ORIGINAL RESEARCH article
Results of Adrenalectomy for Isolated, Metachronous Metastasis of Breast Cancer: A Retrospective Cohort Study
- 1Department of Surgical Sciences, University of Rome “La Sapienza”, Rome, Italy
- 2Department of Surgery, “Pietro Valdoni”, University of Rome “La Sapienza”, Rome, Italy
- 3Department of Medical-Surgical Sciences, Biotechnologies and Pathology, University of Rome “La Sapienza”, Rome, Italy
- 4Department of Surgery, Regina Elena Cancer Institute, Rome, Italy
Background and Aim: Metachronous, isolated adrenal metastases from breast cancer are extremely rare. The aim of this study was to evaluate the results of adrenalectomy as a treatment of this uncommon condition.
Methods: Twelve female patients (median age: 68 years) underwent 13 adrenalectomies for isolated, metachronous metastases of breast cancer. Ten resections were performed thorugh open surgery and two were preformed through a laparoscopic approach. As main study endpoints, postoperative mortality, postoperative morbidity and disease-free survival were considered. Median length of follow-up was 40 months.
Results: Postoperative mortality was absent. Postoperative morbidity was 17%: one patient presented a postoperative pneumothorax requiring drainage and one patient required re-hospitalization 8 days after contralateral adrenalectomy for electrolyte imbalance. Two patients died of recurrent metastatic disease, 28 and 33 months respectively after adrenalectomy. One patient remained alive with hepatic metastases at 32 months from resection of adrenal recurrence. All in all, disease-free survival at 48 months was 75%.
Conclusions: Adrenalectomy for metachronous, isolated metastases of breast cancer can be performed with no postoperative mortality and minimal postoperative morbidity, enabling good long-term disease-free survival.
The adrenal gland is a relatively frequent site of metastasis due to its rich sinusoidal blood supply (1, 2). Metastases most often occur from lung, renal and gastrointestinal cancer (3–7), with squamous cell carcinoma and adenocarcinoma being the most commonly encountered histological diagnoses (1). In contrast, adrenal metastases from breast cancer account for only 2.9% of all adrenal metastases and are most often associated with synchronous metastases at other extra-adrenal sites (8). Furthermore, distant visceral metastases could be markers of aggressive neoplastic spread and would suggest a need for adjuvant or palliative treatment rather than aggressive surgical resection. In selected cases, however, resection of an isolated adrenal metastasis may lead to long-term survival (3–7). It was with this assumption in mind that we first prospectively performed adrenalectomy whenever a metachronous, isolated, metastasis from prior breast cancer was suspected and then, wishing to verify the validity of our hypothesis, we retrospectively reviewed the results of this treatment.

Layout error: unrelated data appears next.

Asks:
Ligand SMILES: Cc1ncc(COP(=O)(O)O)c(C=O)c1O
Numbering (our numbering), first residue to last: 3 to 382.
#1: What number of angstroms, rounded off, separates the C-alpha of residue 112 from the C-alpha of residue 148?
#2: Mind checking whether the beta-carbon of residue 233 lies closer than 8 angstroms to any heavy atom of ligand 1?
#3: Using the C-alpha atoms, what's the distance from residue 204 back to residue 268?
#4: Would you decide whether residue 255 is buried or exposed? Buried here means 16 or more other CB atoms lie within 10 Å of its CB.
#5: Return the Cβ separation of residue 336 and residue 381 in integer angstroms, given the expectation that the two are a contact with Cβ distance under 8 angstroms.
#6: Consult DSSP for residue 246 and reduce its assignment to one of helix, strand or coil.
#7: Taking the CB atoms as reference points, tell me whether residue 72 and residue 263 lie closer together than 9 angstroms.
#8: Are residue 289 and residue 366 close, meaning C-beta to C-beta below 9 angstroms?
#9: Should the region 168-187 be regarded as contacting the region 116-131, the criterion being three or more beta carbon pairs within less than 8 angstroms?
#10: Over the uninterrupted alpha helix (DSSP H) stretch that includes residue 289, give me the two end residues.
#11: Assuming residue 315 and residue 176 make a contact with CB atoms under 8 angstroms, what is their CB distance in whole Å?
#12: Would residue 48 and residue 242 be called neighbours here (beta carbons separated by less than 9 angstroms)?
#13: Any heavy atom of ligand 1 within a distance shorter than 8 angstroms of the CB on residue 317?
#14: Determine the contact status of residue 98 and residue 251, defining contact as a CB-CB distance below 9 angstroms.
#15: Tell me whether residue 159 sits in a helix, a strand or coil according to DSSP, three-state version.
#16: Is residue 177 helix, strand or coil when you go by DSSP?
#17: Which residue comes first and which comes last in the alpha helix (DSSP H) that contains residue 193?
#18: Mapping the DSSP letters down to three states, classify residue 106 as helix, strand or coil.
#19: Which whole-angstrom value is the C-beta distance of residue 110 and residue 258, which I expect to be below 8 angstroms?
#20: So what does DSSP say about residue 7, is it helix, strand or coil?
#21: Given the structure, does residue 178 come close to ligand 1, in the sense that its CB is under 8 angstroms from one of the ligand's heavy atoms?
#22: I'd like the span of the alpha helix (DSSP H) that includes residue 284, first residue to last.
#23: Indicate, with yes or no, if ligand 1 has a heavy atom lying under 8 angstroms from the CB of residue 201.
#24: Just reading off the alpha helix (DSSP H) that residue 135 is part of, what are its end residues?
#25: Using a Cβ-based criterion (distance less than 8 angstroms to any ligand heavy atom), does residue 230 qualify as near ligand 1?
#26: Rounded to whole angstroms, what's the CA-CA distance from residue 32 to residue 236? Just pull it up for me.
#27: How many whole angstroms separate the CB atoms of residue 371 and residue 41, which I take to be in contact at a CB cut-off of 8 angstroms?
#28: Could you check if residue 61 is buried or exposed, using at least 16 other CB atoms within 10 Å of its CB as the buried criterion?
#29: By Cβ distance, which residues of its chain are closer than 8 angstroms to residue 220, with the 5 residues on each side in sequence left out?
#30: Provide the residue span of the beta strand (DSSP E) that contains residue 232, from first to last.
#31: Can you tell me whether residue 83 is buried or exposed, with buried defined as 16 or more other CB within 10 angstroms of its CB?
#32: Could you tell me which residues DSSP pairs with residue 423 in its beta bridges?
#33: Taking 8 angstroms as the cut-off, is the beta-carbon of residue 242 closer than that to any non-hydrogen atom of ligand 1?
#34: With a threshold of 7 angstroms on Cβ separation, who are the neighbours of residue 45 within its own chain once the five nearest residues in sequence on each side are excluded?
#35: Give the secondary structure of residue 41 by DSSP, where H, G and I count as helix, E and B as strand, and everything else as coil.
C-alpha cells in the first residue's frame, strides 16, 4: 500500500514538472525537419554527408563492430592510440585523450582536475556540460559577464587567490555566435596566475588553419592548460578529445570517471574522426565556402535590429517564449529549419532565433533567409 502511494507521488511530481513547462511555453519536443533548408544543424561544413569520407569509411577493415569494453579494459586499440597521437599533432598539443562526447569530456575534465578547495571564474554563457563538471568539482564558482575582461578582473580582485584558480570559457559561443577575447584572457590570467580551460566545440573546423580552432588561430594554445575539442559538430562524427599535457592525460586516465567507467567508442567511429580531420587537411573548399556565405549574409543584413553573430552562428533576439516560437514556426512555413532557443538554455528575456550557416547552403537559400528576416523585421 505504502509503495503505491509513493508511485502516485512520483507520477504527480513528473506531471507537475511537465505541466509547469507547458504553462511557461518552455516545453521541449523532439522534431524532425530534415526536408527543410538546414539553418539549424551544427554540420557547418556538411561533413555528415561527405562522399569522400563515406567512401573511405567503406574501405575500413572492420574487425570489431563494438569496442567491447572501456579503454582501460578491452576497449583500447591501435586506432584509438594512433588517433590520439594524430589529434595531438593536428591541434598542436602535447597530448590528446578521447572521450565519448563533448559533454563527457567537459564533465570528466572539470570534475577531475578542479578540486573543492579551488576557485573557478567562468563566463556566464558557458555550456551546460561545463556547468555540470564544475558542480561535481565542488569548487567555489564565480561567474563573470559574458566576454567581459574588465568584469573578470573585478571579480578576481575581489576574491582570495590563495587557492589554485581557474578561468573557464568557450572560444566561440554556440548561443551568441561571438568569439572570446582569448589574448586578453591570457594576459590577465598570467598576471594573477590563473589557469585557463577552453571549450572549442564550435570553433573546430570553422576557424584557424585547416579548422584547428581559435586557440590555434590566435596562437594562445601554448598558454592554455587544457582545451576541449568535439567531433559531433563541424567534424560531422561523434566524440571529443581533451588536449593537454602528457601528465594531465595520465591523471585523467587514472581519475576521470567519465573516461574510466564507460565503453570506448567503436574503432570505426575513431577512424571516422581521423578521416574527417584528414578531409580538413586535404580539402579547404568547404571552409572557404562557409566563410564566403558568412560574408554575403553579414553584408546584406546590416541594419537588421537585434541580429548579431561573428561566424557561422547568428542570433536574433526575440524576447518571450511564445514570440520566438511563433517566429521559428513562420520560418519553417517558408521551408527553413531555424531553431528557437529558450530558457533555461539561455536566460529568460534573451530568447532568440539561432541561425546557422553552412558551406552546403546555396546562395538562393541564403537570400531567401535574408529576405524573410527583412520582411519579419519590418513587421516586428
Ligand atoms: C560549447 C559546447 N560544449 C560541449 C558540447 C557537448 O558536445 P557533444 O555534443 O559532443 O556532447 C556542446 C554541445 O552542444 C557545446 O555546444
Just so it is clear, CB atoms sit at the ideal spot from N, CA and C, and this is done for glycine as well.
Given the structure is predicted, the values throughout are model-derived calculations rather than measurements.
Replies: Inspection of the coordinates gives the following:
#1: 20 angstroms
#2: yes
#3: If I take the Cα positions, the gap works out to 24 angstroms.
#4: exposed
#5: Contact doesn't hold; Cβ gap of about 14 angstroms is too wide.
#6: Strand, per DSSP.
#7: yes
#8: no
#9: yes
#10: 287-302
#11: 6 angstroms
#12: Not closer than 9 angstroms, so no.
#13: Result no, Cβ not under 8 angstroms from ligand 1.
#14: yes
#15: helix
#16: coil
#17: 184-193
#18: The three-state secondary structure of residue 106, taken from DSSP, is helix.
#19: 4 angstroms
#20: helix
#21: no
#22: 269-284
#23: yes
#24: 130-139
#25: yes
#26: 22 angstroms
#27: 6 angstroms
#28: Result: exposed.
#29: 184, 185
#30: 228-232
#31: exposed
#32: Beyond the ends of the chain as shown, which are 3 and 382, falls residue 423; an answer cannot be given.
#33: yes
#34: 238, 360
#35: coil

Patients and Methods
From January 2000 to May 2020, 12 consecutive female patients with a median age of 68 years (range, 28–77 years) underwent 13 adrenal resections for metachronous, isolated and single metastases from breast carcinoma, at an academic, tertiary care hospital and a regional, tertiary care oncological hospital, following treatment of the primary tumor at other institutions. The 13 resections represent 3.3% of the 368 adrenalectomies performed for neoplasms at the two centers during the same study period. The catchment area was a capital city with 4 million inhabitants. Metachronous metastasis was defined as distant tumor recurrence three months or more after treatment of the primary cancer. Patient data were reported in accordance with the Strobe statement for observational studies (9). During the study period, no patient other than those included in the study was assessed for isolated, metachronous adrenal metastasis of breast cancer and denied operation. This translates to a 100% acceptance rate.
One patient underwent a contrateral adrenalectomy for metachronous metastases 15 months after a prior adrenalectomy for the same metastatic disease.
The stage of the primary disease at the time of the index treatment was stage II (nine patients) or stage III (three patients), and histology consisted in invasive ductal carcinoma (IDC) (eight patients) and invasive lobular carcinoma (ILC) (four patients). The initial surgical treatment consisted of a quadrantectomy associated with an axillary node dissection in the nine stage II, patients and a mastectomy with node dissection in the three stage III patients.